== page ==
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The Cold War A History in Documents

ISBN: 9780199765980 | 0199765987
Edition: 2nd
Format: Paperback
Publisher: Oxford University Press, USA
Pub. Date: 7/15/2011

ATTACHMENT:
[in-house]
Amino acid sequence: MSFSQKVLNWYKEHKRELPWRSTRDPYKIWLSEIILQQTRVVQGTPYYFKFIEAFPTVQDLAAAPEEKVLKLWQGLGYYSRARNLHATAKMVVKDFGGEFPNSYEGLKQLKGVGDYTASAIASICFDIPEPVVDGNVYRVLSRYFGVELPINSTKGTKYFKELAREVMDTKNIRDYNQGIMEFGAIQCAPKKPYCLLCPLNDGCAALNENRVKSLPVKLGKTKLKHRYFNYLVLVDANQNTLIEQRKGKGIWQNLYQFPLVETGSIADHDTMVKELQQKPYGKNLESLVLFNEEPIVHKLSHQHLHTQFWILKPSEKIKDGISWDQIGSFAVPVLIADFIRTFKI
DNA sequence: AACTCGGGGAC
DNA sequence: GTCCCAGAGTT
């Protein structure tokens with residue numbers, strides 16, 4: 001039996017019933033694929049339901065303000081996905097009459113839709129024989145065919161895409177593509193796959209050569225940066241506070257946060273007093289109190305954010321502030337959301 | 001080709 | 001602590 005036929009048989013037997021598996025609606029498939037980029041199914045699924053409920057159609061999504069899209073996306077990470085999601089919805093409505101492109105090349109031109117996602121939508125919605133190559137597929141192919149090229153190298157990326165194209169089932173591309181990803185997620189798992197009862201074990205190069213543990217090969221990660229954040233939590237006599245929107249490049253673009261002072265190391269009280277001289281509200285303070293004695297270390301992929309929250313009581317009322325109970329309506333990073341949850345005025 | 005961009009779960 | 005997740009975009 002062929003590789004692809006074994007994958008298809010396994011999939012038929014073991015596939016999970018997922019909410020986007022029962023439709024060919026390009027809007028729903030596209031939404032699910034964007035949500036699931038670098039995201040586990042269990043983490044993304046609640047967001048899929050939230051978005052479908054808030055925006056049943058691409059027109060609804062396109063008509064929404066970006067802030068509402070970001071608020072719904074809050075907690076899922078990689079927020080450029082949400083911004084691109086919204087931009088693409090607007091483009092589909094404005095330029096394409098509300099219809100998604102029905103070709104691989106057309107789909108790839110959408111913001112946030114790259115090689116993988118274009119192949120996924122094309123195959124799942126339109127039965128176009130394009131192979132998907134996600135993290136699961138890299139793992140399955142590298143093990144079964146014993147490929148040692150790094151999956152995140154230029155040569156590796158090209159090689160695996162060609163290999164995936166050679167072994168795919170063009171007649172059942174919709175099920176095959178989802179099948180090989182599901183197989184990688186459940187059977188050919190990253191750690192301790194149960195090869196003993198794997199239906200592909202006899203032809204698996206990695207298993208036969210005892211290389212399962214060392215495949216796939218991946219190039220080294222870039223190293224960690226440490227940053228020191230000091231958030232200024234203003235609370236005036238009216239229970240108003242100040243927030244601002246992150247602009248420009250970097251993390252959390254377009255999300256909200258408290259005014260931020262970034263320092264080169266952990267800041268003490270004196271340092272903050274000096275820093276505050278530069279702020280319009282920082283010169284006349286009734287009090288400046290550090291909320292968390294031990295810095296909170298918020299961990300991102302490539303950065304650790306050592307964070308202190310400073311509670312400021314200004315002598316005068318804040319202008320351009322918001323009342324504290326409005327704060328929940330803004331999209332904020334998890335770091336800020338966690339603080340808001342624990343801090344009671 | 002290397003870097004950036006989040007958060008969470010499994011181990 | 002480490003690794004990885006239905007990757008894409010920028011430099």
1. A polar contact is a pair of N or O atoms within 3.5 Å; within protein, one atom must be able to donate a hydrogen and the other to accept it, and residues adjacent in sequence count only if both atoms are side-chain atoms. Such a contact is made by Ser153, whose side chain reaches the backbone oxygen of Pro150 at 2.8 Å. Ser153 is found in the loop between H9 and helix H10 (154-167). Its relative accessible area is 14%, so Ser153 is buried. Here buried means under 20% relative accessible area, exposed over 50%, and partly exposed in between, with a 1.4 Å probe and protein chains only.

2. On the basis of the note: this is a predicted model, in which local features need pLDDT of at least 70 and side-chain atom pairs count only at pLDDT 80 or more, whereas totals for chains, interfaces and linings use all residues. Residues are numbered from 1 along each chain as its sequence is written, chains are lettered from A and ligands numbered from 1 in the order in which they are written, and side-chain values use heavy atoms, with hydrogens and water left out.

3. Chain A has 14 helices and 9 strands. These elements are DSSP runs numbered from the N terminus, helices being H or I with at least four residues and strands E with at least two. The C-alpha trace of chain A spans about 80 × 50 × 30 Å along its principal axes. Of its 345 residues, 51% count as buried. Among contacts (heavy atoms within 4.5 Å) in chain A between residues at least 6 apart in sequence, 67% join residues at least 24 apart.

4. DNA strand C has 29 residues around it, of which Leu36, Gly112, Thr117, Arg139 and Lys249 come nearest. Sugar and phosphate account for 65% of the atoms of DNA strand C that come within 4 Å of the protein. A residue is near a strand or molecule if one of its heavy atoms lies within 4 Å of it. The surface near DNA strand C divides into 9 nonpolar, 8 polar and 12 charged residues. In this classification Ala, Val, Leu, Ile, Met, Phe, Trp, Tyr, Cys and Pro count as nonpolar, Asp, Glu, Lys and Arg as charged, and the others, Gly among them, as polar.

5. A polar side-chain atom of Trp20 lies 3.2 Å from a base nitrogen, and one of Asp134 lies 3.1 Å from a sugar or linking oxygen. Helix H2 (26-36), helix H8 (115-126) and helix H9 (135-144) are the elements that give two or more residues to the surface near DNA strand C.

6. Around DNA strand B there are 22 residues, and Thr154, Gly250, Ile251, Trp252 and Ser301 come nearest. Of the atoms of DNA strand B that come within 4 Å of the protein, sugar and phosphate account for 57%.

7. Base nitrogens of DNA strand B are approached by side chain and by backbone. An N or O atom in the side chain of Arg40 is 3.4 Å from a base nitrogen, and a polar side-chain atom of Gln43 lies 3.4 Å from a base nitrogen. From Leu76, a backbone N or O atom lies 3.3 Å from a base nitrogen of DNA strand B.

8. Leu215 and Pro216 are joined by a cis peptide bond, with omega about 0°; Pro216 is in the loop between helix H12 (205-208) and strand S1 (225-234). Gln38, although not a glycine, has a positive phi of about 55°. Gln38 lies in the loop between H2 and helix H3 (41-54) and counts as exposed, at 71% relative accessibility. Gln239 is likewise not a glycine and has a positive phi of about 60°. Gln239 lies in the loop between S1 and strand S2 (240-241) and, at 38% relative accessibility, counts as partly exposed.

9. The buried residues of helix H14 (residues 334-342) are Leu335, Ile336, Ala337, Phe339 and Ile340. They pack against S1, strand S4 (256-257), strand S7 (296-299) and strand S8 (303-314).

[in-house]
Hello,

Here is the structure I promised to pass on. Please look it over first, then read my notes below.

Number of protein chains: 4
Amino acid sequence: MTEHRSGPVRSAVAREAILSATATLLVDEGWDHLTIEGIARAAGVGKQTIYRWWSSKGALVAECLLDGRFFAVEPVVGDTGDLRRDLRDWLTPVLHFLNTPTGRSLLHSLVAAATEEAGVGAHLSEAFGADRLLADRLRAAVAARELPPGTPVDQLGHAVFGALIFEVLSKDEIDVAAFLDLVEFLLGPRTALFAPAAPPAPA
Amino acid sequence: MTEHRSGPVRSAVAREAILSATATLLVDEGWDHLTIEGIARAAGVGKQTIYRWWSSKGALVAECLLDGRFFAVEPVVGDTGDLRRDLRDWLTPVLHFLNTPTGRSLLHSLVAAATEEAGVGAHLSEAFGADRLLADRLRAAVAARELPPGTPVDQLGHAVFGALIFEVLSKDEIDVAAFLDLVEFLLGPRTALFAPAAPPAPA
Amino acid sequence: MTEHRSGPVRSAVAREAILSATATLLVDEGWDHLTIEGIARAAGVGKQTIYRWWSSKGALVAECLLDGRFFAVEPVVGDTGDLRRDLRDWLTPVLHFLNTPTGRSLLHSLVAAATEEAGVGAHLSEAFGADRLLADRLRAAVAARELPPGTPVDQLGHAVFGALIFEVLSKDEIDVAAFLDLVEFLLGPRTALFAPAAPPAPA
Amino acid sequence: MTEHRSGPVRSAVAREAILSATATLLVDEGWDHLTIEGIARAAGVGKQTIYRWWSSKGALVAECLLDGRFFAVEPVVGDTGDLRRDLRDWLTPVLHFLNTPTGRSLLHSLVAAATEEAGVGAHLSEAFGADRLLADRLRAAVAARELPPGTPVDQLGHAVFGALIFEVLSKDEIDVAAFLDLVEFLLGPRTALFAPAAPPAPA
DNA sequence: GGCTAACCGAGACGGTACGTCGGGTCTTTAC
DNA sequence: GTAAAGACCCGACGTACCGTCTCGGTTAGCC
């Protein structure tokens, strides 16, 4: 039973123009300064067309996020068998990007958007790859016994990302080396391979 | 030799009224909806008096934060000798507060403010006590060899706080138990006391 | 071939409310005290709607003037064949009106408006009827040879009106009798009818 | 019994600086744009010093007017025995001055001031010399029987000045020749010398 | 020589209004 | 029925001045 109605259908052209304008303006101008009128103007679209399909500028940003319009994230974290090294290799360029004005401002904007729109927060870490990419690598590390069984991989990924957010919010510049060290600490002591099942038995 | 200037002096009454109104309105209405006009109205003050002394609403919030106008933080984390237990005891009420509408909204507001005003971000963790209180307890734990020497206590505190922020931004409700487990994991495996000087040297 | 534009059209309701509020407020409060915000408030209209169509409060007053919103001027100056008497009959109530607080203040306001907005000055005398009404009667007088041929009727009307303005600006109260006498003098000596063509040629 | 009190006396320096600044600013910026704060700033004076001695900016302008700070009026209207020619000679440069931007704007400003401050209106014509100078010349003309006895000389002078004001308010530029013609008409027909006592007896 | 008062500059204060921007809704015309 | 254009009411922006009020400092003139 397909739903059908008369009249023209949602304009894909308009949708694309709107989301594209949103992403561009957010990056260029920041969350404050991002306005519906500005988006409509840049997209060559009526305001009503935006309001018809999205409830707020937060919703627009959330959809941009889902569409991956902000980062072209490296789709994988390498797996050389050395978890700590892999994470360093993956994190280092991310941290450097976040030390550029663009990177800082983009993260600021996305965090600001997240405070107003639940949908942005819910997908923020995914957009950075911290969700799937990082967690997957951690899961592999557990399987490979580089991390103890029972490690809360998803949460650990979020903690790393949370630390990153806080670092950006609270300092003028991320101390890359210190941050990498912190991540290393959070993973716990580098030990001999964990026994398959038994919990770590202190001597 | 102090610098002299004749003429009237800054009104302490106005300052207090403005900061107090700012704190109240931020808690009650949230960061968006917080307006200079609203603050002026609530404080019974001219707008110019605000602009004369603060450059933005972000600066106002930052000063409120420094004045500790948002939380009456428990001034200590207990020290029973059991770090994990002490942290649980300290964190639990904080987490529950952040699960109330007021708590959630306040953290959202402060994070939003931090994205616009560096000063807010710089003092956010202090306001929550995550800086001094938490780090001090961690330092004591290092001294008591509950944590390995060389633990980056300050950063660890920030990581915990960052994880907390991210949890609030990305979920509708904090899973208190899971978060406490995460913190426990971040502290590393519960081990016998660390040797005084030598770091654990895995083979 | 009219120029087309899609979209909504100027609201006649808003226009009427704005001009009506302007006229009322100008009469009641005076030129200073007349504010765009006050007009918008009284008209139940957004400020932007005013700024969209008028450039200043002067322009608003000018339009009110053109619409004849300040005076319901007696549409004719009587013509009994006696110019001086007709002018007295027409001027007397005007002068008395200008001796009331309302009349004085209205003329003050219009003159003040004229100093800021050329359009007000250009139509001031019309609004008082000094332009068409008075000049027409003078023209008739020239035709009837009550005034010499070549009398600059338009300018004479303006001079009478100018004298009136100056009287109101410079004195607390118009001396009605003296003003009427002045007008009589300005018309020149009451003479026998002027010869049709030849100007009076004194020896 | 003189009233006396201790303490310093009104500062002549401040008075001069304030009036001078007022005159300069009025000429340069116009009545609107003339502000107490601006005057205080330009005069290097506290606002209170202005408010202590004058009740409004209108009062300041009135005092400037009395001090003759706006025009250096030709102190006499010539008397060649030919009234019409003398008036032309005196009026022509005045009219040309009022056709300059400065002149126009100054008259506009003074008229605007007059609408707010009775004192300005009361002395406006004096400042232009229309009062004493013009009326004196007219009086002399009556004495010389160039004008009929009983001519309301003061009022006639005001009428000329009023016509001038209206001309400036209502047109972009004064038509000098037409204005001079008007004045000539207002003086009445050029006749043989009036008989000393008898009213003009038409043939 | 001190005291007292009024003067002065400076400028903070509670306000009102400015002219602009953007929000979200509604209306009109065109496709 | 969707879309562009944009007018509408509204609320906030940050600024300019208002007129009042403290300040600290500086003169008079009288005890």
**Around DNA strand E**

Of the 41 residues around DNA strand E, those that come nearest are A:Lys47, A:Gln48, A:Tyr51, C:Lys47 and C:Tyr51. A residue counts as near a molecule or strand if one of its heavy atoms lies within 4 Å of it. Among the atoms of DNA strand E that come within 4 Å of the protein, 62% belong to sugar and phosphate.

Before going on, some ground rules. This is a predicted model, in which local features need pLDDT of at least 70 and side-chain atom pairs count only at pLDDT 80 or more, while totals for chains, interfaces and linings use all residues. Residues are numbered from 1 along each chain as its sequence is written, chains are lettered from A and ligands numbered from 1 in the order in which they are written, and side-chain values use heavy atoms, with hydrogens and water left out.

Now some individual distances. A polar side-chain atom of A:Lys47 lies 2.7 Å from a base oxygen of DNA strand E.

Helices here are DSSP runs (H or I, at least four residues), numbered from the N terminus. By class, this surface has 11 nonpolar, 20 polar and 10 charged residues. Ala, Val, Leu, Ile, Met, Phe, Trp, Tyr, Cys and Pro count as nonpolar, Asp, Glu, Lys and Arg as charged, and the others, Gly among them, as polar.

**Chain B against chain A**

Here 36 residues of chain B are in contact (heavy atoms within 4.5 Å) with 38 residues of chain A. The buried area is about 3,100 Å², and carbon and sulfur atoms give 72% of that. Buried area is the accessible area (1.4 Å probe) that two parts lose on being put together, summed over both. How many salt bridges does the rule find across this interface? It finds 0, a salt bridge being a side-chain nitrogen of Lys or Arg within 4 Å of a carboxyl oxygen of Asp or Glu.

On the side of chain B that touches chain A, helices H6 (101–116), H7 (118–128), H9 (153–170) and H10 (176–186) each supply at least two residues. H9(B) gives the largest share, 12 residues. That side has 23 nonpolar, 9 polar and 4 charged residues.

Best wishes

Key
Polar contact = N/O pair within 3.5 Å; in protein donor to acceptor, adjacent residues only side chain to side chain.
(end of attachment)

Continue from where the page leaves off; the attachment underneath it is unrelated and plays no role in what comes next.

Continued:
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The cold war lasted for more than fifty years and polarized the world. Rooted in political and ideological disagreements dating back to the Russian Revolution of 1917, the war emerged from disagreements that intensified in the wake of World War II. InThe Cold War: A History in Documents,Second Edition, Allan M. Winkler excerpts speeches by Soviet Premier Joseph Stalin and British Prime Minister Winston Churchill to demonstrate the growing abyss between the two political systems. President Harry S. Truman's announcement of the existence of a Soviet atomic bomb and his speech to Congress launching the Truman Doctrine testify to the gravity of the situation. The cold war was not always "cold"--armed conflicts were narrowly avoided in the Cuban missile crisis and the Bay of Pigs, and war erupted in Korea and Vietnam. The complex politics of the Vietnam War are represented by voices as divergent as Vietnamese nationalist Ho Chi Minh, President Lyndon B. Johnson, antiwar protestors, and a participant in the My Lai massacre. Cold War paranoia spread deeply through American society. Transcripts of the investigations of writer Ring Lardner, Jr., and government official Alger Hiss by the House Un-American Activities Committee, along with speeches by Senator Joe McCarthy, lay bar the political repression at home generated by the perceived communist threat. Excerpts from Arthur Miller's playThe Crucibleand from the movieHigh Nooncapture the mood of uncertainty and fear. A picture essay entitled "The Atom Unleashed" collects photographs and cartoons to trace one of the most controversial discoveries of the twentieth century. Agreements made in the SALT treaties show the cold war finally coming to an end; in 1992, President Bush declared, in his State of the Union address, "By the grace of God, America won the cold war." In this new edition, Chapter 6: An End at Last covers the 1970s, 1980s, and 1990s more thoroughly, with documents such as criticism of Ronald Reagan's "Star Wars" program and aNew York Timesreporter's experience of the 1989 massacre in Tiananmen Square. Thirteen new sidebars provide more material on China and Africa, including an excerpt from Mao Zedong's January 1957 speech on United States' lack of recognition for the People's Republic of China, Ghanaian leader Kwame Nkrumah's 1958 speech on his hope that Africa would not be embroiled in the Cold War, and North Vietnamese leader Le Duan's 1975 victory speech, which condemned American imperialism. Five new images include a Herblock editorial cartoon about the Marshall Plan and a French Communist Party poster for peace in Vietnam. There is also a new note on sources and interpretation and updates to the lists of further reading and websites.

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